K-Means Elbow Method

How to implement K-Means Elbow Method.

Source Code Link: Elbow Method Project Files

K-Means Elbow Method is a heuristic used in determining the number of clusters in a data set.

A lot of the tutorial/articles I am writing on this blog are related to K-Means clustering. One of the major decisions we have to make is how many clusters our data set have?

K-Means Clustering

K-means is a simple unsupervised machine learning algorithm that groups data into a specified number (k) of clusters. Because the user must specify in advance what k to choose, the algorithm is somewhat naive – it assigns all members to k clusters even if that is not the right k for the dataset.

Sometimes choosing the right number for k is not that simple. More often than not analyzing the dataset before hand is a must.

There are multiple articles using K-Means algorithm on this blog:

and although these are fairly simple problems to solve, you can still run the K-Means Elbow Method to determine the number of clusters in the dataset.

To complete this article you can use my K-Means implementation provided with this project, or you can use a third-party library such as Accord.NET and you can use the following K-Means implementation.

K-Means Elbow Method

The elbow method runs k-means clustering on the dataset for a range of values for k (say from 1-10) and then for each value of k computes an average score for all clusters.

When these overall metrics for each model are plotted, it is possible to visually determine the best value for k. If the line chart looks like an arm, then the “elbow” (the point of inflection on the curve) is the best value of k. The “arm” can be either up or down, but if there is a strong inflection point, it is a good indication that the underlying model fits best at that point.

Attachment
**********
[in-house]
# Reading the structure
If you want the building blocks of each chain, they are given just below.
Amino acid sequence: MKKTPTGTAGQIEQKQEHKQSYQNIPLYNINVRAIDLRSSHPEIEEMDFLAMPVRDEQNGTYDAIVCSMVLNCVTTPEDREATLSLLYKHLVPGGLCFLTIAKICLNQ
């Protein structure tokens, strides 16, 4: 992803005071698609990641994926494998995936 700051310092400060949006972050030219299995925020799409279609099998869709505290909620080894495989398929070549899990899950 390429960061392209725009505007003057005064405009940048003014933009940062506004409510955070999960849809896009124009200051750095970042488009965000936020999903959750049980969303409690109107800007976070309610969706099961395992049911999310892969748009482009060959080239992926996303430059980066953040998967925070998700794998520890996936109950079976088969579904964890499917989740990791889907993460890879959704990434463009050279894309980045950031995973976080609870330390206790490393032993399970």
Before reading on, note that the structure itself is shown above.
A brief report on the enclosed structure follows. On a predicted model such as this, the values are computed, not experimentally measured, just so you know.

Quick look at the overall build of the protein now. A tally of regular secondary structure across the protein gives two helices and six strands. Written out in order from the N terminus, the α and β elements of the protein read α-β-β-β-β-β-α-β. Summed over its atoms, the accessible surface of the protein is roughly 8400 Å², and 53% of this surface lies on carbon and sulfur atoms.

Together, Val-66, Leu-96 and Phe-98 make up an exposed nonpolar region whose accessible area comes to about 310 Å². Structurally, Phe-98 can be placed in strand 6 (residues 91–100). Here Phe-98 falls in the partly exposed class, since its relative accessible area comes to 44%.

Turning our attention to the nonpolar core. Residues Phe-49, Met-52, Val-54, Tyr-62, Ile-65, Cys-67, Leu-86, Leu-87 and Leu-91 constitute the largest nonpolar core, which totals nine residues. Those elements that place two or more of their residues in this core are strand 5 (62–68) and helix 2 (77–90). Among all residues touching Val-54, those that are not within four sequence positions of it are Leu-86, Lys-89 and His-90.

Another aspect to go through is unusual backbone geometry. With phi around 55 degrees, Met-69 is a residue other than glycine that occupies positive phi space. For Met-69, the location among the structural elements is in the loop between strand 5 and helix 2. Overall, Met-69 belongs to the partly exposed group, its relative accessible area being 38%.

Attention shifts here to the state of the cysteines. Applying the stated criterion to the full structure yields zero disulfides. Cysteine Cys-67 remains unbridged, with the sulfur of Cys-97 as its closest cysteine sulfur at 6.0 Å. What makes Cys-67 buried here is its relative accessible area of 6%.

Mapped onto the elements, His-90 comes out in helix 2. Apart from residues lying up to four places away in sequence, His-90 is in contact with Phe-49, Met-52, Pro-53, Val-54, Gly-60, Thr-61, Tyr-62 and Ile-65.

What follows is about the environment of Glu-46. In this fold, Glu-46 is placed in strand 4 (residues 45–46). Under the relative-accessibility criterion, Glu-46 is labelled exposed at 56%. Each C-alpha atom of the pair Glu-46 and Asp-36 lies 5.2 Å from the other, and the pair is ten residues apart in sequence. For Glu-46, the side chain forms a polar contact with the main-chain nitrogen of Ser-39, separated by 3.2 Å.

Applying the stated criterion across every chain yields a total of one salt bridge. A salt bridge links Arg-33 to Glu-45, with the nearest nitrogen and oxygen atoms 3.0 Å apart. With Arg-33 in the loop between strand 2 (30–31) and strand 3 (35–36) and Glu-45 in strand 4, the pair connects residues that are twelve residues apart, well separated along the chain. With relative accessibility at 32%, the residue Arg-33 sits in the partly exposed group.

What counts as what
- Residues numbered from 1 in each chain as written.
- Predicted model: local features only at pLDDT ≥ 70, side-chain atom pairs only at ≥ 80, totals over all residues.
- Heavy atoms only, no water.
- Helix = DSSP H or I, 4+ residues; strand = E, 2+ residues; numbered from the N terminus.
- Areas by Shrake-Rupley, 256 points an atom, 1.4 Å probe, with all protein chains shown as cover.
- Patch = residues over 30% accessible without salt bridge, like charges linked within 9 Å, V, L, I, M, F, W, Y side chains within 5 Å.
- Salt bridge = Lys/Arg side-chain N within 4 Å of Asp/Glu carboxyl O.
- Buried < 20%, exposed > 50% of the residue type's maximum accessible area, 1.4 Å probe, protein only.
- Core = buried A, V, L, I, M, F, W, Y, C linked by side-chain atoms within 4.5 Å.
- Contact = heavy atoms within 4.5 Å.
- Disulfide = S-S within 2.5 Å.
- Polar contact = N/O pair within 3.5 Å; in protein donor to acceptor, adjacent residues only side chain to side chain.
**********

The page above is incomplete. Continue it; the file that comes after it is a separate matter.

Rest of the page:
K-Means Elbow Method – Intuition

The intuition is that increasing the number of clusters will naturally improve the fit (explain more of the variation), since there are more parameters (more clusters) to use, but that at some point this is over-fitting, and the elbow reflects this.

This means that you should choose a number k so that adding another cluster doesn’t give much better modelling of the data.

In this scenario the intuition of over-fitting is expressed by subdividing the labeled groups into multiple clusters. Therefore, once the number of clusters exceeds the actual number of groups in the data, the added information will drop sharply, because it is just subdividing the actual groups.

Analyzing the project

K-Means Elbow Method
Image 1. K-Means Elbow Method

From the application we can see that we are clustering three distinct groups. We are running the Elbow Method algorithm 6 times (The value K gets values from 1 to 6). By now you should know that we are actually running the K-Means algorithm and setting the K to values from 1 to 6.

By plotting the results we can observe that the best value for K is 3. And this is the correct solution just by observing the dataset. If we set K=1 then we can see the error is pretty big. For K=2 we can observe that the error decreased.

If we increase the number K (number of clusters) to 4,5,6 we can detect no changes in accuracy. The problem with higher number is that eventually these clusters will be divided into sub groups and the error rate will decrease even more.

To avoid that from happening we are plotting the results and using the “elbow” as a cut off point to choose a K where diminishing returns no longer worth the additional cost.

Also worth mentioning is that in practice there may not be a sharp elbow (like the one I provided) and such “elbow” cannot always be unambiguously identified.

Code Sample

for (int k = (int)start.Value; k <= (int)end.Value; k++)
{
     List<double[]> distanceResult = new List<double[]>();

     _kMeans = new KMeans(k, eucledeanDistance);
     Centroid[] centroids = _kMeans.Run(trainingSetList.ToArray());

     double result = 0;
     foreach (double[] point in trainingSetList)
     {
          double minValue = Double.MaxValue;
          foreach (Centroid centroid in centroids)
          {
             double distance = eucledeanDistance.Run(point, centroid.Array);
             if (distance < minValue)
                minValue = distance;
          }
          result += minValue;
     }
     result /= trainingSetList.Count;
}

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